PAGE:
A couple of years after Byron left the Tolbert administration for the second and last time, the military coup d’état of 1980 occurred. Byron was recruited with others to help stabilize a major national crisis. He remained engaged in the 1980s, serving briefly as minister of planning and economic affairs, a member of the National Constitution Commission that drafted what became the 1986 Constitution of Liberia, and among the founders of the Liberia Action Party along with Harry Greaves, Sr., Jackson F. Doe, Ellen Johnson Sirleaf, and Nah Doe Patrick Bropleh.

He would soon pay a costly price for his political activities, for while he was serving as secretary general of LAP, he was arrested in 1985 by the military government of Samuel K. Doe, imprisoned and his house deliberately burned to the ground by Doe’s soldiers. Upon his release from prison, he briefly settled in the United States, but professional opportunities in short order took him further afield.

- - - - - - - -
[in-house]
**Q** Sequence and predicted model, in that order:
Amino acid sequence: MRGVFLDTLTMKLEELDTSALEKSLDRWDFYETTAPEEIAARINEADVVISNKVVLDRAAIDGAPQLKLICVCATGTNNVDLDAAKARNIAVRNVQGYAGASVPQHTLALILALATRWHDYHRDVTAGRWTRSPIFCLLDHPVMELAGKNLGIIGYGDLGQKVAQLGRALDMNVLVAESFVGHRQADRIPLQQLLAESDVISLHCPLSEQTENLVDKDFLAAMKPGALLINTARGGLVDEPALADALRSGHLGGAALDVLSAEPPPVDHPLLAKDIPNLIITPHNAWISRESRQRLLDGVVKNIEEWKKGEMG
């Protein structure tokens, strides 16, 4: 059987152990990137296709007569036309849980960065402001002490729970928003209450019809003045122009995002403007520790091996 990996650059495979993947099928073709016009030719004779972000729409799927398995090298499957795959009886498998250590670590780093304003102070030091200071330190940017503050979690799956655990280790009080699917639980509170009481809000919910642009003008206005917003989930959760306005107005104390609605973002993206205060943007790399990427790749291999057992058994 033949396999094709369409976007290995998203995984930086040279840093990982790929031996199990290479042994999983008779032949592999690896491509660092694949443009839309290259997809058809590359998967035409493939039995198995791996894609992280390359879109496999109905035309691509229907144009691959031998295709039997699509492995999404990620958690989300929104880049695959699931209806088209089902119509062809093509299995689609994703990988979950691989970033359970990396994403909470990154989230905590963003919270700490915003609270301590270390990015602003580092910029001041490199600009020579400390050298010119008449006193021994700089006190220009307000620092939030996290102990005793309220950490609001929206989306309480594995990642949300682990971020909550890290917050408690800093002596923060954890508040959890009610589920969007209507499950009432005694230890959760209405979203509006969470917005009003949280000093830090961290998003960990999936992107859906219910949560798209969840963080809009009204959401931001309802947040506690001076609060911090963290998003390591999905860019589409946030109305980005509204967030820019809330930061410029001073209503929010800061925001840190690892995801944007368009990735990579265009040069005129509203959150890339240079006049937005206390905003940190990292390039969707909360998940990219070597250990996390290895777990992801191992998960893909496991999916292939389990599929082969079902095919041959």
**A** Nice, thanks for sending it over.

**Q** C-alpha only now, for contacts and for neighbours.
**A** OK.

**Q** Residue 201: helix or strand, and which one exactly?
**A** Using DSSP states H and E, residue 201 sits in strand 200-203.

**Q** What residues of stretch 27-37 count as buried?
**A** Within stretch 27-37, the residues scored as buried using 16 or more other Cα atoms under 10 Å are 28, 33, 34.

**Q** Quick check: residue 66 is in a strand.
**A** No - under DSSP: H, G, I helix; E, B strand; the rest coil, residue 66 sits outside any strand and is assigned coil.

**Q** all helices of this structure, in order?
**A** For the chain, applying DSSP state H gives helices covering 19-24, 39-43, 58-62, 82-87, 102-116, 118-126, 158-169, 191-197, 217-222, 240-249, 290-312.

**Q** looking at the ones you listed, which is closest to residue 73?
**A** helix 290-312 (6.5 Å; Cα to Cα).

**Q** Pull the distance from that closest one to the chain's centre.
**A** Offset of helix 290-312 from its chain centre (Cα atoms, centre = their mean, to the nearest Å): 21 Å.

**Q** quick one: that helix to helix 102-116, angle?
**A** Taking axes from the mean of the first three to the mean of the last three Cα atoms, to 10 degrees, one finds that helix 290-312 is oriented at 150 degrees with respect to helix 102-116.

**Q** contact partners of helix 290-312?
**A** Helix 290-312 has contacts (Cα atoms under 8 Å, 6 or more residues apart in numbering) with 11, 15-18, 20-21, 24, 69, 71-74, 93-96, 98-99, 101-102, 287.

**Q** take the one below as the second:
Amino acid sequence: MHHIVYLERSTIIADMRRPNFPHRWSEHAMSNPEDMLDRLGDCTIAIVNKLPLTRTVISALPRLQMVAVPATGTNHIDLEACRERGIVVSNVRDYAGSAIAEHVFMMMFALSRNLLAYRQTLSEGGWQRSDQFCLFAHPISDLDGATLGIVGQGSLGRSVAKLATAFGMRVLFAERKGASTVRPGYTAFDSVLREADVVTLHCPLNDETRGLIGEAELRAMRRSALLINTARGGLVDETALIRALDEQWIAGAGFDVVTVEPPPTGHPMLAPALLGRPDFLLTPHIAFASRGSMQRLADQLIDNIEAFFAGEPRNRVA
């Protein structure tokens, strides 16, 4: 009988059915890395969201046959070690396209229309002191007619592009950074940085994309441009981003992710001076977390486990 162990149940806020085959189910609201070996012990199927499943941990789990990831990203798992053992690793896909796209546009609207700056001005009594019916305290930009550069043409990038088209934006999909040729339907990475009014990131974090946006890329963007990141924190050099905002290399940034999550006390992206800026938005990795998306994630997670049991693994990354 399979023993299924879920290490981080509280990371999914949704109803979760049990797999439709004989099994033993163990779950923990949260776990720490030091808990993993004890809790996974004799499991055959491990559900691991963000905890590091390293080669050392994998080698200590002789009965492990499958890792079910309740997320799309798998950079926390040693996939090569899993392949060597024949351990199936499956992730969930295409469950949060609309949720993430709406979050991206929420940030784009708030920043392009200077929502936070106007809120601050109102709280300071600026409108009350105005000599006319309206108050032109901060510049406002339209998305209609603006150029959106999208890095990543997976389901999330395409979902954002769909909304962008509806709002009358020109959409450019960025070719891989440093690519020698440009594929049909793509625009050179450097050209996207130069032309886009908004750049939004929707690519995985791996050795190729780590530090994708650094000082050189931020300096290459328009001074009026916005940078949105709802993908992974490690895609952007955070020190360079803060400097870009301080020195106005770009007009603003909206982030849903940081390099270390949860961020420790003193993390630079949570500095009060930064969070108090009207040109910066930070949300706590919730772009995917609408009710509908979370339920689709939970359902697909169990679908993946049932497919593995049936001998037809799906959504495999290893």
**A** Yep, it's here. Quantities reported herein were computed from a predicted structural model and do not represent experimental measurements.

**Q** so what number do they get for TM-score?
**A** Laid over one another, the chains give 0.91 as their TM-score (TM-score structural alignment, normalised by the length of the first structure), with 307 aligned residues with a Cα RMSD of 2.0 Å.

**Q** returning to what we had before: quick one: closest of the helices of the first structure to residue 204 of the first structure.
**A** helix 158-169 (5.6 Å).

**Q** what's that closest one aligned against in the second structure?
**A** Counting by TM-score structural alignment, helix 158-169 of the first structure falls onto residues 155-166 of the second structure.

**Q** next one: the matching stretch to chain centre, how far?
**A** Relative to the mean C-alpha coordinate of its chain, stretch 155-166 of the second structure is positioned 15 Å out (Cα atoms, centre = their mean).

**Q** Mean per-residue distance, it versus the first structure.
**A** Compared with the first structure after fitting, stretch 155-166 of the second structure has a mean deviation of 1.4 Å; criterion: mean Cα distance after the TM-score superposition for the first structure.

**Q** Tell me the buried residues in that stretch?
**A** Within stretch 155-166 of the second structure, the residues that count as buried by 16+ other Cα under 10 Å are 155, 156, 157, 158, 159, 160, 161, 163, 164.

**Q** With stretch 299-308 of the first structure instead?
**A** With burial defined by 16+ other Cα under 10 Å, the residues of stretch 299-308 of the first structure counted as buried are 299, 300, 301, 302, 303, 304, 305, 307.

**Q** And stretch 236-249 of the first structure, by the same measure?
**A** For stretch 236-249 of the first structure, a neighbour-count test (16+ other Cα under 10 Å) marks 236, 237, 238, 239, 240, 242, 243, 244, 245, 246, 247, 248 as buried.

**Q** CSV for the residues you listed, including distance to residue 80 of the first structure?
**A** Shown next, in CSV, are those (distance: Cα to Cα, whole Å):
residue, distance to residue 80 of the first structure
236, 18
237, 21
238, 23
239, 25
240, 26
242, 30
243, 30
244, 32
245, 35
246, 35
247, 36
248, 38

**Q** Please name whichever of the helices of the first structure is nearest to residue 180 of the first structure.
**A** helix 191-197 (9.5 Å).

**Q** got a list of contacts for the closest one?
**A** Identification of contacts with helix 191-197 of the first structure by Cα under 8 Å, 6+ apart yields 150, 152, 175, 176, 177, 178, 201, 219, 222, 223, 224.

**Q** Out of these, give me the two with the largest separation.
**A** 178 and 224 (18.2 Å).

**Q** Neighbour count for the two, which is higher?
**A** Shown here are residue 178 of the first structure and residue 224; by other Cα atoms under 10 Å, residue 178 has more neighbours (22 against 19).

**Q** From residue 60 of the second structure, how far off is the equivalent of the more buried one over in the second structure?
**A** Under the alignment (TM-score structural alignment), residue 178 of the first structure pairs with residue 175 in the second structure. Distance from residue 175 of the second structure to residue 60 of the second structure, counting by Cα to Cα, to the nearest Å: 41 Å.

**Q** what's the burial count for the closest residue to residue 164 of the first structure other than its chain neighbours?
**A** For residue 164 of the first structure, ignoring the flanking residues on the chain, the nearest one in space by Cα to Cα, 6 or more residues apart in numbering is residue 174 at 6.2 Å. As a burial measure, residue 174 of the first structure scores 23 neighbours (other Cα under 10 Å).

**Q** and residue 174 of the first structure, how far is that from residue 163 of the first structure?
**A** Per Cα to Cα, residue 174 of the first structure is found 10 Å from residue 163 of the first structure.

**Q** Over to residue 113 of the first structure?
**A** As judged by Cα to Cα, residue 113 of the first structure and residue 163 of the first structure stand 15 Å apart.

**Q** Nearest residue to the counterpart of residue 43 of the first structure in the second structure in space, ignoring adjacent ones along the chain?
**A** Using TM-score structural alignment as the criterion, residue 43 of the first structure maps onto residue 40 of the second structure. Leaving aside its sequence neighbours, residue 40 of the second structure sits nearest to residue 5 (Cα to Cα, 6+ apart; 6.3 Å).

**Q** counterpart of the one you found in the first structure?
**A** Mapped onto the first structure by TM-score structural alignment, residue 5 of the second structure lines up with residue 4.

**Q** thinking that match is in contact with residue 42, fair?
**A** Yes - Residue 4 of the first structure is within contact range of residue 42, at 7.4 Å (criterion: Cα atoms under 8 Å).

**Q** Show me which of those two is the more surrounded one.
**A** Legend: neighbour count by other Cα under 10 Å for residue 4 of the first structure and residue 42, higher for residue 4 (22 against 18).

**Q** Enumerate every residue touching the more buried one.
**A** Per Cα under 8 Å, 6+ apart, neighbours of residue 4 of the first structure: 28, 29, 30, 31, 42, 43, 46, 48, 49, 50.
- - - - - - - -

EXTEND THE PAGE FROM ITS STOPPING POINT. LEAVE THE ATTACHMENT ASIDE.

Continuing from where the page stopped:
Travelling throughout the African continent and residing in several African countries for periods of time, Byron’s many professional engagement included contractual assignments with the United Nations Development Program, the United States Agency for International Development, the Africa Capacity Building Foundation, the African Development Bank, the African Union, the European Union and the World Bank.

Such professional opportunities abroad did not preclude his commitment to Liberia, for as the country descended into civil war, he was in the thicket of the goings-on to contain war and restore peace to his beloved country. But it was not peace at any price that he sought. He wanted a different, reformed Liberia of greater equity and justice.